Former President Bill Clinton, on a swing through Southern California on Wednesday, took an indirect jab at presumptive Republican presidential nominee Donald Trump, assailing his calls to ban Muslims from entering the country.
“Hillary, more than any other candidate in either party, has vociferously opposed this consistent effort to demonize Muslim Americans,” Clinton said of his wife, Hillary Clinton, the front-runner for the Democratic presidential nomination.
Trump has repeatedly called for a ban on Muslims entering the U.S. in the wake of the San Bernardino attack in December that killed 14.
The former president, speaking to a couple dozen supporters seated inside an the intimate ballroom of a Koreatown hotel, said the attack also could not have been prevented by building a border wall, another of Trump’s polarizing policy pledges.
Clinton noted Islamic State’s use of social media to recruit followers; one of the San Bernardino attackers, Tashfeen Malik, declared her allegiance to the extremist group just before being gunned down in a shootout with police.
“You could build a wall across the border with Canada; we could erect vast sea walls,” said Clinton, who campaigned in San Diego earlier Wednesday. “The next president could send the Navy to the Gulf Coast area.… You still can’t keep the social media out.”
In his roughly 25-minute remarks, Clinton did not mention Trump or Vermont Sen. Bernie Sanders, Hillary Clinton’s Democratic rival, by name. He did note that this election cycle had been “unusual.”
Sanders, who won Indiana’s primary on Tuesday, trails Hillary Clinton by more than 300 pledged delegates. Still, Sanders has insisted he will remain in the race through California’s June 7 primary.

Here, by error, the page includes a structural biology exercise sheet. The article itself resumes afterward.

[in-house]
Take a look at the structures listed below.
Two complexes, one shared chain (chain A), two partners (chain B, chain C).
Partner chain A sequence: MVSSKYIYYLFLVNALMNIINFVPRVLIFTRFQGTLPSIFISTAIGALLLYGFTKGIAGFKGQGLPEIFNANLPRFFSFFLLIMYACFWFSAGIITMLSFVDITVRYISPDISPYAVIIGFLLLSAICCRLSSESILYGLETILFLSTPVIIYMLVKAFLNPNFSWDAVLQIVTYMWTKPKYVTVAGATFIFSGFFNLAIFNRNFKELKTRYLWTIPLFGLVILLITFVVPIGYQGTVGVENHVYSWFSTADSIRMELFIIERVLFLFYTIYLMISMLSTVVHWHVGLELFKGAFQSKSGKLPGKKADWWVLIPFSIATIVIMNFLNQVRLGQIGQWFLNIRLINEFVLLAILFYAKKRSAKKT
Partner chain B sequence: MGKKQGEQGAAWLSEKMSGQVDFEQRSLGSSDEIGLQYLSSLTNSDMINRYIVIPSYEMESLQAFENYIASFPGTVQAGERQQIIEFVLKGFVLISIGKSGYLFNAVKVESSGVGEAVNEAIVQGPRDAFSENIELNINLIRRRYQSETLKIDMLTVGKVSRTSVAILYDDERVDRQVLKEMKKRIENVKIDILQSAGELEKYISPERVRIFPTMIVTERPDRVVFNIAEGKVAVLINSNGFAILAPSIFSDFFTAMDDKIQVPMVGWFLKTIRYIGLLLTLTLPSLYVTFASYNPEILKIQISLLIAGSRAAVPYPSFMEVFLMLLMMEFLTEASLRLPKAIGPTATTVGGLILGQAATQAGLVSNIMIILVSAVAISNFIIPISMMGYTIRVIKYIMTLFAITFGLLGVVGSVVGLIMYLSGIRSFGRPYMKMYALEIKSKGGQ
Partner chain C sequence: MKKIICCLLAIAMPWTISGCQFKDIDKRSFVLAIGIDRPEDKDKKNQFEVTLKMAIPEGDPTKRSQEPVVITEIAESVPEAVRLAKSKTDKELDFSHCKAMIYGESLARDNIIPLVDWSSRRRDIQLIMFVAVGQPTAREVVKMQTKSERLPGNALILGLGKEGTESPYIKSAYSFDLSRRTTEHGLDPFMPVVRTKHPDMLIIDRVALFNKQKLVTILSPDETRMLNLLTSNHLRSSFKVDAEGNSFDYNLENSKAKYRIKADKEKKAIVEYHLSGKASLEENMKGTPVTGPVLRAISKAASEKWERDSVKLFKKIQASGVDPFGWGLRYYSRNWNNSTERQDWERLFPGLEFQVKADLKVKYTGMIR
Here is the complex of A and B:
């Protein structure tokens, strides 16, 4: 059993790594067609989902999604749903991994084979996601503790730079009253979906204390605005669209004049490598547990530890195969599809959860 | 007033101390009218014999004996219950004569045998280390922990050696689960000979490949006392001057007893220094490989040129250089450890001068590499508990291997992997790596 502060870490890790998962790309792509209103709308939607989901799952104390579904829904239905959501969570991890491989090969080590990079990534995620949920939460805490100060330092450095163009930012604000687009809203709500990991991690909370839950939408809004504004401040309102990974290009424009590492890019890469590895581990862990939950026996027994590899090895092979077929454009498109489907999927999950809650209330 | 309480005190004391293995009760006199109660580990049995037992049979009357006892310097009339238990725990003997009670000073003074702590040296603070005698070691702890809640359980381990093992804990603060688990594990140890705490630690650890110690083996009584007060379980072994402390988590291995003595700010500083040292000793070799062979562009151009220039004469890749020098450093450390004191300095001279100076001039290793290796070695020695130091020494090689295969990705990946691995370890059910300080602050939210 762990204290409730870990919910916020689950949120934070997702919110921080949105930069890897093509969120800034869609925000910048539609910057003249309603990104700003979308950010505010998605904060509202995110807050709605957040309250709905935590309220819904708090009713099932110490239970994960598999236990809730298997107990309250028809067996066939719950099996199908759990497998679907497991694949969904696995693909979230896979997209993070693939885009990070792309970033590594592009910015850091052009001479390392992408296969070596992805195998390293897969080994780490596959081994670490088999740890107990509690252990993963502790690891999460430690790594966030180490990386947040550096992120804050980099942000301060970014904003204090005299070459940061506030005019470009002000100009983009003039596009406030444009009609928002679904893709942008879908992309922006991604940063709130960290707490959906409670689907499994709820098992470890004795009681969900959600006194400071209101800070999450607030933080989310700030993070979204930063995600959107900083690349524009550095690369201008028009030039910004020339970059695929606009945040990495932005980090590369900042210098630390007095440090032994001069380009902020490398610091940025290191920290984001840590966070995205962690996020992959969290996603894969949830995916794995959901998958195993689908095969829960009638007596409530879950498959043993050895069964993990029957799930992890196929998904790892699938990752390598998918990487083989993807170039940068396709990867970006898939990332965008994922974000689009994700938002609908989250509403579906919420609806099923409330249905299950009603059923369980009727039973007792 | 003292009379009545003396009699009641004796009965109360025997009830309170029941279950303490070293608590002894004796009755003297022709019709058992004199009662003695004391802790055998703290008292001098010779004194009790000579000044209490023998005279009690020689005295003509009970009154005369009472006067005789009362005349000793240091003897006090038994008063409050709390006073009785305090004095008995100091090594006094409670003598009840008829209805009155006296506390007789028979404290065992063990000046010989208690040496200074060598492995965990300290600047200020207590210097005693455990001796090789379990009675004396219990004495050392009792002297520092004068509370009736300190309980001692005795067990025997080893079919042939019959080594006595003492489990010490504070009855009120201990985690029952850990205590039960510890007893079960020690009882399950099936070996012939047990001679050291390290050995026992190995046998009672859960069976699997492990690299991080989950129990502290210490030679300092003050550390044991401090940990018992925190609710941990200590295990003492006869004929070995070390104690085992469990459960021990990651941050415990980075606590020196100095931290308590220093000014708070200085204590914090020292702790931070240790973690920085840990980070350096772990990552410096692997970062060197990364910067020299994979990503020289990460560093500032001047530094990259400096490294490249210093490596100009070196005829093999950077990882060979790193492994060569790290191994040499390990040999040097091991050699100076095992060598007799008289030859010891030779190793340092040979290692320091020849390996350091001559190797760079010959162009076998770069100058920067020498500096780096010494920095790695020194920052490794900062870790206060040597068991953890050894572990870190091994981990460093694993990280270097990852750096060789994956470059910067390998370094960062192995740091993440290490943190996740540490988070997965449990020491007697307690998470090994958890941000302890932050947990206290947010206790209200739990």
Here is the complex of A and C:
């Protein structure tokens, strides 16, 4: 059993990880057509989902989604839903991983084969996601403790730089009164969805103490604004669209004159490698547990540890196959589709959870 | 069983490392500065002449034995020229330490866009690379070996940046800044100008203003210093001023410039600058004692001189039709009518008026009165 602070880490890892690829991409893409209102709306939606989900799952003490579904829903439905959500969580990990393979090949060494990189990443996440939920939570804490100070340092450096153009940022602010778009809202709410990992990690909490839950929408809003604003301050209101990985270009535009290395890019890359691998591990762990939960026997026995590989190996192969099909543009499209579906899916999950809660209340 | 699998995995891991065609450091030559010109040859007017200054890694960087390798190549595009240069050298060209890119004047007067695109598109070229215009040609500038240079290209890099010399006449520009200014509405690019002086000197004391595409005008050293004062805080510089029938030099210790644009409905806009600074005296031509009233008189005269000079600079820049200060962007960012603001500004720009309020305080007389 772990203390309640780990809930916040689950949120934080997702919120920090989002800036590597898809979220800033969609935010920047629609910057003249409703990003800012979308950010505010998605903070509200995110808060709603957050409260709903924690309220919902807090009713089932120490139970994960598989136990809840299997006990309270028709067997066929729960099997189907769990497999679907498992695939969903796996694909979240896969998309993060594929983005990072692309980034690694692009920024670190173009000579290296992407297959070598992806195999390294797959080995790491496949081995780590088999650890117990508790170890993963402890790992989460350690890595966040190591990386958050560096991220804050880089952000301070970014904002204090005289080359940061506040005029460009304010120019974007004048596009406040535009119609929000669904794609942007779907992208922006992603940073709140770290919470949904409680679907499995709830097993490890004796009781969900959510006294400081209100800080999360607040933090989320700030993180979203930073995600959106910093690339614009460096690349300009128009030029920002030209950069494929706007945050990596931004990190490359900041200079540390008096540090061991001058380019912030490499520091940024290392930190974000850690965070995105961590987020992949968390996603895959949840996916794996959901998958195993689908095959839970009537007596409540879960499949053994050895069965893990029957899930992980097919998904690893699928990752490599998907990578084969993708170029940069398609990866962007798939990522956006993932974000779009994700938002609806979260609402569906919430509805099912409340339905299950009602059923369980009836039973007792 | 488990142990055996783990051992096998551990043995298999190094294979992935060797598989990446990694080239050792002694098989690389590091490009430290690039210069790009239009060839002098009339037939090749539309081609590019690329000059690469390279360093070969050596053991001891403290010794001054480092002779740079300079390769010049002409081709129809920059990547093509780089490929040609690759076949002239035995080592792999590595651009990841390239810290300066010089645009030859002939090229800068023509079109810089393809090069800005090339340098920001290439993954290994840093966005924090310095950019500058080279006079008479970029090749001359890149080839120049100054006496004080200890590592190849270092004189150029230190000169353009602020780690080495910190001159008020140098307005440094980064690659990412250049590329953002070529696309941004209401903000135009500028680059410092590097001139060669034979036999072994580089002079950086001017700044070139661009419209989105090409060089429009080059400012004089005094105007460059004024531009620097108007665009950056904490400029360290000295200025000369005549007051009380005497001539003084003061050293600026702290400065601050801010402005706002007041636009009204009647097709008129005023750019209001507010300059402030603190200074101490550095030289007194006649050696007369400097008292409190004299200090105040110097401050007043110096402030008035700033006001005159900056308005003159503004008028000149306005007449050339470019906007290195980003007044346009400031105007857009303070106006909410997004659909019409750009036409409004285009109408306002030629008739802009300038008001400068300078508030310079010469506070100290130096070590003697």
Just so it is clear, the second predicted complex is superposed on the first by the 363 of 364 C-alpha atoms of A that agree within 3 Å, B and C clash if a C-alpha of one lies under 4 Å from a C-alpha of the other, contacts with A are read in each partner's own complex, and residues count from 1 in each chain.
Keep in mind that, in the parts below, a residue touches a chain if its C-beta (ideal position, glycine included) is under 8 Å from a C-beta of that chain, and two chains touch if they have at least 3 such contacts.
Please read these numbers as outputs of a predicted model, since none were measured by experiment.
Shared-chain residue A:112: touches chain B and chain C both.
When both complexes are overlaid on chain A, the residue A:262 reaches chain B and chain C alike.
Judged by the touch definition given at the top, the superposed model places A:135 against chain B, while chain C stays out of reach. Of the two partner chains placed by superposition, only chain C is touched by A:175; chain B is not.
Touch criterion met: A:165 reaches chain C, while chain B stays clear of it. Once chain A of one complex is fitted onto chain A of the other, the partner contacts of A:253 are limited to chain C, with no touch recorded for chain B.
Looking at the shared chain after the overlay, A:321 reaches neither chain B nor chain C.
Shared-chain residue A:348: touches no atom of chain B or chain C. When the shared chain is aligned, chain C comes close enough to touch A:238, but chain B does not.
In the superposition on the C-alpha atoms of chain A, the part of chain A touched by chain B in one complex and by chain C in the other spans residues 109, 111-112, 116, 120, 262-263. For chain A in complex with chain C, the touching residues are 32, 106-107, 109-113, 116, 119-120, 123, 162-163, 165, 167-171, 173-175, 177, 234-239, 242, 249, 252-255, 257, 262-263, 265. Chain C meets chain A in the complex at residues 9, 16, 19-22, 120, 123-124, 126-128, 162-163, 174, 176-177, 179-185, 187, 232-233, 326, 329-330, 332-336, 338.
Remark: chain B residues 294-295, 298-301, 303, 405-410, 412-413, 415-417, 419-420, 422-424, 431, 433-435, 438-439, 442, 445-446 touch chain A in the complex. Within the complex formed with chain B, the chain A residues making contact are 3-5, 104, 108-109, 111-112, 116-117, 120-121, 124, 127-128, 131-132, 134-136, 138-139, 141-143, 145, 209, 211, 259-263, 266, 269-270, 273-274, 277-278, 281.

Kasich announces end to his campaign
Republicans at a crossroads: Embrace Donald Trump as nominee or keep fighting him
Republicans awoke Wednesday to Donald Trump as their presumed presidential nominee with an uncomfortable mix of resignation, resistance and flickers of acceptance that leaves the GOP in a new state of turmoil.
Party leaders pleaded for GOP unity. Governors and prominent party strategists piled on a show of support for the likely nominee. So did some tea party activists.
But the detractors were just as determined in their continued search for an alternative. Talk of third-party candidates continued to float. Big-money campaign backers, including the Koch brothers and casino mogul Sheldon Adelson, have yet to announce support, and strategists noted that 2012 nominee Mitt Romney has been particularly quiet.
That left the GOP in a worrisome state after an otherwise decisive Indiana primary Tuesday as the already long and divisive nominating process heads to an uncertain conclusion.
“The final stage is acceptance, which I think a lot of people will get to after Indiana,” said Josh Holmes, a Republican strategist unaligned with any candidate.
But, he added: “I don’t think we’re going to see a seismic shift in people supporting Trump.”
Analysis: GOP voters wanted an outsider who would fix the economy, and Trump fit their bill
The Republican race for president will go on through the mighty contests of early June, but it ended Tuesday. Donald Trump is the presumptive Republican nominee for president because of two imperatives that GOP voters clung to all through the primary season.
They were desperately concerned about the economy. And they wanted an outsider to fix it.
All the other things — Trump’s disdainful and insulting treatment of varied voter groups, his huge levels of unpopularity, his last-minute attack against Ted Cruz’s father, alleging, with no evidence, a tie to a presidential assassination — was just background noise to Republican voters unleashing a communal scream at establishment politics.